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A Trail of Bread Crumbs : THE CHILDREN IN THE WOODS: New and Selected Stories, By Frederick Busch (Ticknor & Fields: $21.95; 338 pp.)

March 20, 1994|Patrick McGrath | Patrick McGrath's most recent book is the novel "Dr. Haggard's Disease."

One of the strongest stories in Frederick Busch's new collection, "The Children in the Woods," is "Berceuse," and one of the strongest moments in "Berceuse" comes when an awful Jewish woman called Miriam tells her goy sister-in-law Kim that Kim's recent miscarriage occurred because of the Holocaust. "Oh yes," she said, "Your baby died because you murdered us. Every one of you murdered our dead. Ask your priests. Ask your dead God. The fruit of your womb is death."

Miriam is one of the few monsters in the book. But she is thematically central in that she tells Kim the story of "Hansel and Gretel," who are of course the eponymous children in the woods. The fairy tale has a charged significance for Holocaust-obsessed Miriam in that the witch in the gingerbread house wanted to cook Hansel in an oven. For Frederick Busch the tale has a much broader application: His characters are all children in the woods, the woods being life in general, marriage and childhood in particular. Some are Jews, some not; some stories take place in New York City, more often the setting is a small town Upstate, where the winters are hard and men can be better at understanding plumbing systems and the innards of pickup trucks than the minds and hearts of their wives. Not that the women are much clearer about why relationships survive and why they fail. In Frederick Busch's world everyone is looking for the trail of bread crumbs that will lead them out of darkness and into the light.

Many of the stories here depend on a sort of loose, suggestive symbolism--they pivot on an object, or an idea, or a small but crucial incident meant to transform the tangle of experience in which it occurs and so give resonance and design to the whole. A good example is "My Father, Cont.," in which a child (Busch is never afraid to tell a story from the point of view of a child or a woman) describes how his parents in their unhappiness bicker about some books the mother wants the father to donate to a sale. The family goes for a drive in the country, the car gets stuck in snow and the father uses the books to try to get traction under the tires. The books are shredded by the spinning wheels, but to no avail. The child cries and is hugged. A sort of peace is restored.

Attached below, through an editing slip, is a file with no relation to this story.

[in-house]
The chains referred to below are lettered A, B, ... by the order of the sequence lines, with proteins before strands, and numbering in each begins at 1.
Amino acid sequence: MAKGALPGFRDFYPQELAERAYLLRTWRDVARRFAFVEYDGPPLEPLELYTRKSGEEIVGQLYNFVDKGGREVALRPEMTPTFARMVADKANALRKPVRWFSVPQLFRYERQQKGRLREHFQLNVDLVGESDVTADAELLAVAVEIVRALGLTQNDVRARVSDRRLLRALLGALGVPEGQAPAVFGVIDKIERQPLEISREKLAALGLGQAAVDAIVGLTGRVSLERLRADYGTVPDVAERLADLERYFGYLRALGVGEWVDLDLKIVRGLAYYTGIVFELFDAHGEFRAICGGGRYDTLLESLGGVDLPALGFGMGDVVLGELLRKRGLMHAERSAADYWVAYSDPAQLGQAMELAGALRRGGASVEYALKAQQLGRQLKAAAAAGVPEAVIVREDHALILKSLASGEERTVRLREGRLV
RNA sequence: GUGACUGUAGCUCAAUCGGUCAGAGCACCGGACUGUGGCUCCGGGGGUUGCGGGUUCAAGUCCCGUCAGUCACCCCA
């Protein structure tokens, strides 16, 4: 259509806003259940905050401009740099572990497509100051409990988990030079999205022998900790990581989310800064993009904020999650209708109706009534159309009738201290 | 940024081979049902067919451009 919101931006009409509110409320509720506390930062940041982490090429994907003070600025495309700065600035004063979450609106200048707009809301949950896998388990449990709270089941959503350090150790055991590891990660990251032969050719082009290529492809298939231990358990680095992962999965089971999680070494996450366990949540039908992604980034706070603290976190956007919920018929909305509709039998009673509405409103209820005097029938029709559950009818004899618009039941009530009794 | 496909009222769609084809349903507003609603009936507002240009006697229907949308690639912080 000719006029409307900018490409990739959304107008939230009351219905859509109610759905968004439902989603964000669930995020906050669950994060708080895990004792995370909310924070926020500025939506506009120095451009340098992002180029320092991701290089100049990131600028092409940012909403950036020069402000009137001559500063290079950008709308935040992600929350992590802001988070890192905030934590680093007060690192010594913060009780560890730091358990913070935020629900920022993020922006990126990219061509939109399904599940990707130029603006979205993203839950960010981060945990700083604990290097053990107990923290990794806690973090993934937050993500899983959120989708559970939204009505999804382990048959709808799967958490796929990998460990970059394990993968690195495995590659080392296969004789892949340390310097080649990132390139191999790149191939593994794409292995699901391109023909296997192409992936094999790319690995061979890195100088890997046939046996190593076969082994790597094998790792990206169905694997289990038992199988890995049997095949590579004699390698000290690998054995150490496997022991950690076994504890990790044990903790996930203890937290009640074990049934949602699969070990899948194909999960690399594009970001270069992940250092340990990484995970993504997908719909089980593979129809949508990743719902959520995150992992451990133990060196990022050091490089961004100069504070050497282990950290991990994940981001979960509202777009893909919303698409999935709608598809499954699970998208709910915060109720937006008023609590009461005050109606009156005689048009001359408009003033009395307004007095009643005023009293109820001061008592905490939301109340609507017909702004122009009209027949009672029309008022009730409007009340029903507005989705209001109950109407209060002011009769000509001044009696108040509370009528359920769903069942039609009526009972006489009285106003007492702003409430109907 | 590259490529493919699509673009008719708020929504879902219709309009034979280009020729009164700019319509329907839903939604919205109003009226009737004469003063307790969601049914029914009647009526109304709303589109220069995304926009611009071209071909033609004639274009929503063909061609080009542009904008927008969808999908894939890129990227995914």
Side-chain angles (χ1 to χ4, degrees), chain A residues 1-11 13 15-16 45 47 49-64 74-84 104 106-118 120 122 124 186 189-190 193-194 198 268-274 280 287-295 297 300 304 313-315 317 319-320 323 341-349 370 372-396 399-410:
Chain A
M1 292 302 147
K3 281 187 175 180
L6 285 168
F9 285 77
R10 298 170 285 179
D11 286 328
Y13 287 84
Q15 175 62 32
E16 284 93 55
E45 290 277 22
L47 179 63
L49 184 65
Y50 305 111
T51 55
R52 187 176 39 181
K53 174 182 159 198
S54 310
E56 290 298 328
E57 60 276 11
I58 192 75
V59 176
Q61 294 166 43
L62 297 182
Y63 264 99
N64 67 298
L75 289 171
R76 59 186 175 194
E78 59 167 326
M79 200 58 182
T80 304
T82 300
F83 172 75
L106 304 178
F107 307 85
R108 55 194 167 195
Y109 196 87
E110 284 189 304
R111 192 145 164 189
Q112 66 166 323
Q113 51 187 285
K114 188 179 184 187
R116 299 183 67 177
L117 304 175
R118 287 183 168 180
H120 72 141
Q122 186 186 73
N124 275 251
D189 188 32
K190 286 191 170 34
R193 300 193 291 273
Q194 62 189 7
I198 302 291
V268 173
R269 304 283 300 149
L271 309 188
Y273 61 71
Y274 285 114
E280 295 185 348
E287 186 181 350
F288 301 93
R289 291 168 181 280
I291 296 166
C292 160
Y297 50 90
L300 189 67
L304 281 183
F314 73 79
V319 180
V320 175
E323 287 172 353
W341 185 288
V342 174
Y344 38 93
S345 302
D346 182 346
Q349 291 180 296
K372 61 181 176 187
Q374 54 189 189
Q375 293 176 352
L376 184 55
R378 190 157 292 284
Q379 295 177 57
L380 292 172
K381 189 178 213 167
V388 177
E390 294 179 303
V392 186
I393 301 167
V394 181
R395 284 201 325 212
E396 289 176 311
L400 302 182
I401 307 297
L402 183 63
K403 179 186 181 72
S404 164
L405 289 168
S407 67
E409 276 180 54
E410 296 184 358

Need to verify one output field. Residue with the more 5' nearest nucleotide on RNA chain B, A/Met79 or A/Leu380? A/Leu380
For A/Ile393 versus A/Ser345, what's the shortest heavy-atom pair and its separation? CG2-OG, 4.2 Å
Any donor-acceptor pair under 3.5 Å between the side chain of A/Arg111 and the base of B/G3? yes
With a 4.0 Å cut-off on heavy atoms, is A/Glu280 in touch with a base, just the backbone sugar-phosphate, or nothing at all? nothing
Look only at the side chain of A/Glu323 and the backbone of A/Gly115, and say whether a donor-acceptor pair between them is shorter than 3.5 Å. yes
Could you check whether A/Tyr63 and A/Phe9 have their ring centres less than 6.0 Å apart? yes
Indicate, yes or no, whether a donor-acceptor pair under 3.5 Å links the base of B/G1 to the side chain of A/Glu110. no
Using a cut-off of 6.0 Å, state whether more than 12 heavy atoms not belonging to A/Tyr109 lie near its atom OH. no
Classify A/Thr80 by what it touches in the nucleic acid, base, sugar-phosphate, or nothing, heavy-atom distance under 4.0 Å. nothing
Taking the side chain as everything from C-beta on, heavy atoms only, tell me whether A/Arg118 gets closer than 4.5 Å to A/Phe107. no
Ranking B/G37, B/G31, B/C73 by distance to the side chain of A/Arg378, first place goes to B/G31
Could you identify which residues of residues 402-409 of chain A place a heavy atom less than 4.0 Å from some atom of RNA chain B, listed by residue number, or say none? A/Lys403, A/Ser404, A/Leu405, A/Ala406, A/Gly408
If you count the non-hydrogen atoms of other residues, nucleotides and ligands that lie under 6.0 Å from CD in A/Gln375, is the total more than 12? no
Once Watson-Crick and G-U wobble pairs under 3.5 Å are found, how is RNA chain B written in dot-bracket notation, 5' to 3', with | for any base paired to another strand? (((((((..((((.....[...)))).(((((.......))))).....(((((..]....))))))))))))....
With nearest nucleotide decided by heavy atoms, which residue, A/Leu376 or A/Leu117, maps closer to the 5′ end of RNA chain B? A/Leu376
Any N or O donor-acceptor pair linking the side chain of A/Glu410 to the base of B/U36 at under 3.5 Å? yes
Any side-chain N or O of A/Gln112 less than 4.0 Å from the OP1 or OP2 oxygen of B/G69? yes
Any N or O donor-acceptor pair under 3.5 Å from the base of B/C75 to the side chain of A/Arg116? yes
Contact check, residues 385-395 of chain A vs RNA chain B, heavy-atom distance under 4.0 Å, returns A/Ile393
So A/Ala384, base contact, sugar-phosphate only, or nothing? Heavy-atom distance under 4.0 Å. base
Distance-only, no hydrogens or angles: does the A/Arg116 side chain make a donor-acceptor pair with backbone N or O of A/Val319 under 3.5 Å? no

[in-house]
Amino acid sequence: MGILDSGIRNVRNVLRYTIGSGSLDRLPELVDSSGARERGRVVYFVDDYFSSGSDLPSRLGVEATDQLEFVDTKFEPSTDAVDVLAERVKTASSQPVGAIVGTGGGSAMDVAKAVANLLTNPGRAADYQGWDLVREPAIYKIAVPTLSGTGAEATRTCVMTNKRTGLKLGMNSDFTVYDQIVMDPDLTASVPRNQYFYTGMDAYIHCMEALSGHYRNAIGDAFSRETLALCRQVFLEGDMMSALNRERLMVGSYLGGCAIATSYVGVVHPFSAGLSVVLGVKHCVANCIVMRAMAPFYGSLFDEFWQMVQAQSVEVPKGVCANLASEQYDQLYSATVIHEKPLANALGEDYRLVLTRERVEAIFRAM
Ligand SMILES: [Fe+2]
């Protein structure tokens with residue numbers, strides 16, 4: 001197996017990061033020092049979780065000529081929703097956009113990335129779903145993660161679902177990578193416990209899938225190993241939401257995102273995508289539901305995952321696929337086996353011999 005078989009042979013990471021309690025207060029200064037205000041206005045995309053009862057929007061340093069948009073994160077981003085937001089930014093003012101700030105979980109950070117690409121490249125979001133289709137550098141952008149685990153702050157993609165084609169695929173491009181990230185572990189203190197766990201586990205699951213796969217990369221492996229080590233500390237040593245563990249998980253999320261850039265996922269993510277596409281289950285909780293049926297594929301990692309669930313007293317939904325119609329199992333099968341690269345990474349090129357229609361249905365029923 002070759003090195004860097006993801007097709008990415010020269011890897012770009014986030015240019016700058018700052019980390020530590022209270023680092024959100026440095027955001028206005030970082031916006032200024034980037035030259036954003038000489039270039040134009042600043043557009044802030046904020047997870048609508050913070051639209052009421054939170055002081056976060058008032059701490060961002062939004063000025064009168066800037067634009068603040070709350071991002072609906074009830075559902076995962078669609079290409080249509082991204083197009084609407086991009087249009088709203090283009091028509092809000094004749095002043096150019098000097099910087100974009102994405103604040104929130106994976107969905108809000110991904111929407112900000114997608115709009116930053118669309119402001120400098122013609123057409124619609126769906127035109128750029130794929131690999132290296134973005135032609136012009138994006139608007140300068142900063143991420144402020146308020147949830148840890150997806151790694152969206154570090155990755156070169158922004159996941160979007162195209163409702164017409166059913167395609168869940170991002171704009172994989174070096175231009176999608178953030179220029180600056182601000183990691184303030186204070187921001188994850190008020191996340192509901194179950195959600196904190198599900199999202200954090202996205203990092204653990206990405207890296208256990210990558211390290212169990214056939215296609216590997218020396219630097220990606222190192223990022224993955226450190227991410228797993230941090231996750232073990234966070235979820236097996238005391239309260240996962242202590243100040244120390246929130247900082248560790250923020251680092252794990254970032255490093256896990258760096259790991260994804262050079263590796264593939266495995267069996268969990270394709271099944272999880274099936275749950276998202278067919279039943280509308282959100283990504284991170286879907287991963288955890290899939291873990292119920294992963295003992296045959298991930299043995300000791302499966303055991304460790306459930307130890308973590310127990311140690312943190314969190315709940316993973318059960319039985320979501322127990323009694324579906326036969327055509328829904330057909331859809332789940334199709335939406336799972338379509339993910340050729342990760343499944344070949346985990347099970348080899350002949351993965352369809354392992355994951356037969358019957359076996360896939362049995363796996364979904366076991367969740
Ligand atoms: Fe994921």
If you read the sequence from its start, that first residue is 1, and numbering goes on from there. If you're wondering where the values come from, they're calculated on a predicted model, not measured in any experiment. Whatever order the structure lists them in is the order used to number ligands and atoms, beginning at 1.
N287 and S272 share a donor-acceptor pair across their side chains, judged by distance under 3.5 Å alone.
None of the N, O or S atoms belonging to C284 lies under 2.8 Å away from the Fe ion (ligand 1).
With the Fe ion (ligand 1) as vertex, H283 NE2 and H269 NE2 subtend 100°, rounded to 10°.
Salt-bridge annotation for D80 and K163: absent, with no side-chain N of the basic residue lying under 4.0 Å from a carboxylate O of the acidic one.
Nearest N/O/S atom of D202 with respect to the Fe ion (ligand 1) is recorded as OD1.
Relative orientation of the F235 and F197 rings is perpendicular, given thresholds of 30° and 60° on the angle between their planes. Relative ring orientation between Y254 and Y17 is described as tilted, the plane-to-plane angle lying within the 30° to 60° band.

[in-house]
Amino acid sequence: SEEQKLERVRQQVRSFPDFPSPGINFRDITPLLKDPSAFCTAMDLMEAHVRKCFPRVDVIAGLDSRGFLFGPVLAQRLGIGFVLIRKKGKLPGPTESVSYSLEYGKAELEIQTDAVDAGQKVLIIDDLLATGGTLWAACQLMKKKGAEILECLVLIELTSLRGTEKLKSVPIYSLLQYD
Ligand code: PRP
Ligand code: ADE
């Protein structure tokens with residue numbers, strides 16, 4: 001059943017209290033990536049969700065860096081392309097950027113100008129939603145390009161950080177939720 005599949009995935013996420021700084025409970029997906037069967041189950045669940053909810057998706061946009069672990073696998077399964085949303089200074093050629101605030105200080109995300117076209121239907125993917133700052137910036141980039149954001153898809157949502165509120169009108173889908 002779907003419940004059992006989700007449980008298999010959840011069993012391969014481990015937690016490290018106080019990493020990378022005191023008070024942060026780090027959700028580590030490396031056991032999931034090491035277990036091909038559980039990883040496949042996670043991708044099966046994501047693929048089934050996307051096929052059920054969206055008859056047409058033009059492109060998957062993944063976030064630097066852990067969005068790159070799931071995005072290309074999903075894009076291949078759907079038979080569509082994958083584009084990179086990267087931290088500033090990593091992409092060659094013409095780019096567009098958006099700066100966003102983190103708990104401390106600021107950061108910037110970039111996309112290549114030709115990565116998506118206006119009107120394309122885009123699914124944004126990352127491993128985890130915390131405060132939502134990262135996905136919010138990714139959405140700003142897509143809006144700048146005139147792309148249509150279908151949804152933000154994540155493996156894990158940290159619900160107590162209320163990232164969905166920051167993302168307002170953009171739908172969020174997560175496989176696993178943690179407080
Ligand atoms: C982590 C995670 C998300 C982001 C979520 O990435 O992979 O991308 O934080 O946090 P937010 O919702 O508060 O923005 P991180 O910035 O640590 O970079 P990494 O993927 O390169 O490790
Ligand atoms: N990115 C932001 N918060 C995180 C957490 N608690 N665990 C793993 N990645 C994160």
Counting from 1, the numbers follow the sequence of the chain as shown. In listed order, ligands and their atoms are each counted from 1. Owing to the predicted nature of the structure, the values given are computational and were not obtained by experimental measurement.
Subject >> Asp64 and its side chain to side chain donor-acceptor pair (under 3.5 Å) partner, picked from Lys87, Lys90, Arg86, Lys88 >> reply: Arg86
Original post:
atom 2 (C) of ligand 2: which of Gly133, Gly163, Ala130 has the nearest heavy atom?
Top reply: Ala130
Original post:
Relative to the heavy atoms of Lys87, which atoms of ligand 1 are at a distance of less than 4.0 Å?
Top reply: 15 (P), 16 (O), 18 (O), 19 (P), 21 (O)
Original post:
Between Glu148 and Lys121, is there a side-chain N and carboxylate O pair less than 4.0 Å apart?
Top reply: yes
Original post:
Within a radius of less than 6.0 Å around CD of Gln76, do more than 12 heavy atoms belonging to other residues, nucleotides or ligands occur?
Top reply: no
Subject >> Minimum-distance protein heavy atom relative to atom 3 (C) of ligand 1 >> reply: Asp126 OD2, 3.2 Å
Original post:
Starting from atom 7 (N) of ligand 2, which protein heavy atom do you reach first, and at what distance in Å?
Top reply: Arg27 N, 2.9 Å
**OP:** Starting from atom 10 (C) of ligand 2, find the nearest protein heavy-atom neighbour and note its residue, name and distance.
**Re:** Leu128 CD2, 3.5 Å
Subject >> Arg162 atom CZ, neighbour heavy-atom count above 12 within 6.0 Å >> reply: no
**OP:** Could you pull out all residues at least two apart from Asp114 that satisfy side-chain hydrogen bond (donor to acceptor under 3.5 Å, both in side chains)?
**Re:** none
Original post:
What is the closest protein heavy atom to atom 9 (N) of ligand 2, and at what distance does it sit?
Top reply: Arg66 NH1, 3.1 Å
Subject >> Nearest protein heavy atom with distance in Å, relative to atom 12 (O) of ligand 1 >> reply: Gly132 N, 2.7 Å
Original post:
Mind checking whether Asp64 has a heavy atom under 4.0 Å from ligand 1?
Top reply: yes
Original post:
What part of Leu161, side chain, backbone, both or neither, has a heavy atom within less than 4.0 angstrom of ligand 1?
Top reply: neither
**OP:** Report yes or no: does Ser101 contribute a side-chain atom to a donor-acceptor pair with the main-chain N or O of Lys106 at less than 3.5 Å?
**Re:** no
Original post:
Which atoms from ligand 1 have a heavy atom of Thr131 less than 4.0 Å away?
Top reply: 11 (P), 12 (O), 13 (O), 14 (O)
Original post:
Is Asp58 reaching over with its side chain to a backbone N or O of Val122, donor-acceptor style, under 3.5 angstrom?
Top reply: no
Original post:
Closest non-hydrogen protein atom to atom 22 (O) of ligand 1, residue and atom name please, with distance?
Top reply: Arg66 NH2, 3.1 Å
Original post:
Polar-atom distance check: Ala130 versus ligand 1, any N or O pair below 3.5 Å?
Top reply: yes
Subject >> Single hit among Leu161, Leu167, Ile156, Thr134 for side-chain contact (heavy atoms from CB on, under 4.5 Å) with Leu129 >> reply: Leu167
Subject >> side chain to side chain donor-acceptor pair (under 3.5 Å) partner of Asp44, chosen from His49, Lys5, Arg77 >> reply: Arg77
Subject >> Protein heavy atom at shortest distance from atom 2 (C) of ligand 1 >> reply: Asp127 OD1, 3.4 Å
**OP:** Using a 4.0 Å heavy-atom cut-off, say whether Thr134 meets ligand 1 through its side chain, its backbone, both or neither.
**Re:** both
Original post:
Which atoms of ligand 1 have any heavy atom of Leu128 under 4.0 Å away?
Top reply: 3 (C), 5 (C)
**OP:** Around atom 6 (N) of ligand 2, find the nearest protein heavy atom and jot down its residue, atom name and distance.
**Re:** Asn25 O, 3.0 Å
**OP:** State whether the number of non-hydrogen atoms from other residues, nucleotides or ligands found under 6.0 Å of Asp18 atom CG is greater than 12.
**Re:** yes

This is a vignette of family life in which the story's weight and meaning reside almost entirely in its few symbolic motifs: a family dynamic is established, but all that actually happens is the drive in the country and the car getting stuck. The great risk with such fiction is that if alchemy doesn't occur--and too often with this type of story it doesn't--what's left is slight and inconclusive.

When Busch establishes a strong dramatic structure, however, and uses that as the housing for his insights, the result is often fiction of a very high order indeed. A good example is "Ralph the Duck," the sort of rich, dense, tightly constructed piece of writing that reminds you that perfection is possible, if not in the novel, at least in the short-story form. This is Frederick Busch at his best, managing the country he knows, the season, the characters, the themes, bringing them into exquisite, understated harmony in a story whose narrative accelerates to a powerful and vivid climax, and then segues delicately into a haunting, pathetic resolution; a story with heart that fits together like a piece of fine machinery. It's about a security man at a campus near a small town somewhere in the Northeast in winter. Busch brings his character to life in a few deft strokes, establishes a rich inarticulate emotionality in him, and then constructs in an utterly unforced and flowing manner the events that will draw out his vulnerability, sorrow and physical courage in what culminates literally in a life-and-death drama. In the end a man who's lost a child is able to save a child, and the power rests in the story's utter lack of sentimentality, the tone of quiet irony that has the effect, paradoxically, of lending it an almost unbearable pathos.

Equally powerful, though more formally complicated, is "Dog Song," which begins with a scene of utter horror. Police break into a mobile home whose owners are suspected of cruelty to dogs. They find the place "alive with excrement and garbage. . . . Madness crawled the walls. Lloyd, the husband, had written with dung his imprecations of a county and state and nation that established laws involving human intercourse with beasts. Twenty-six dogs were impounded, and the couple was heavily fined by the judge."

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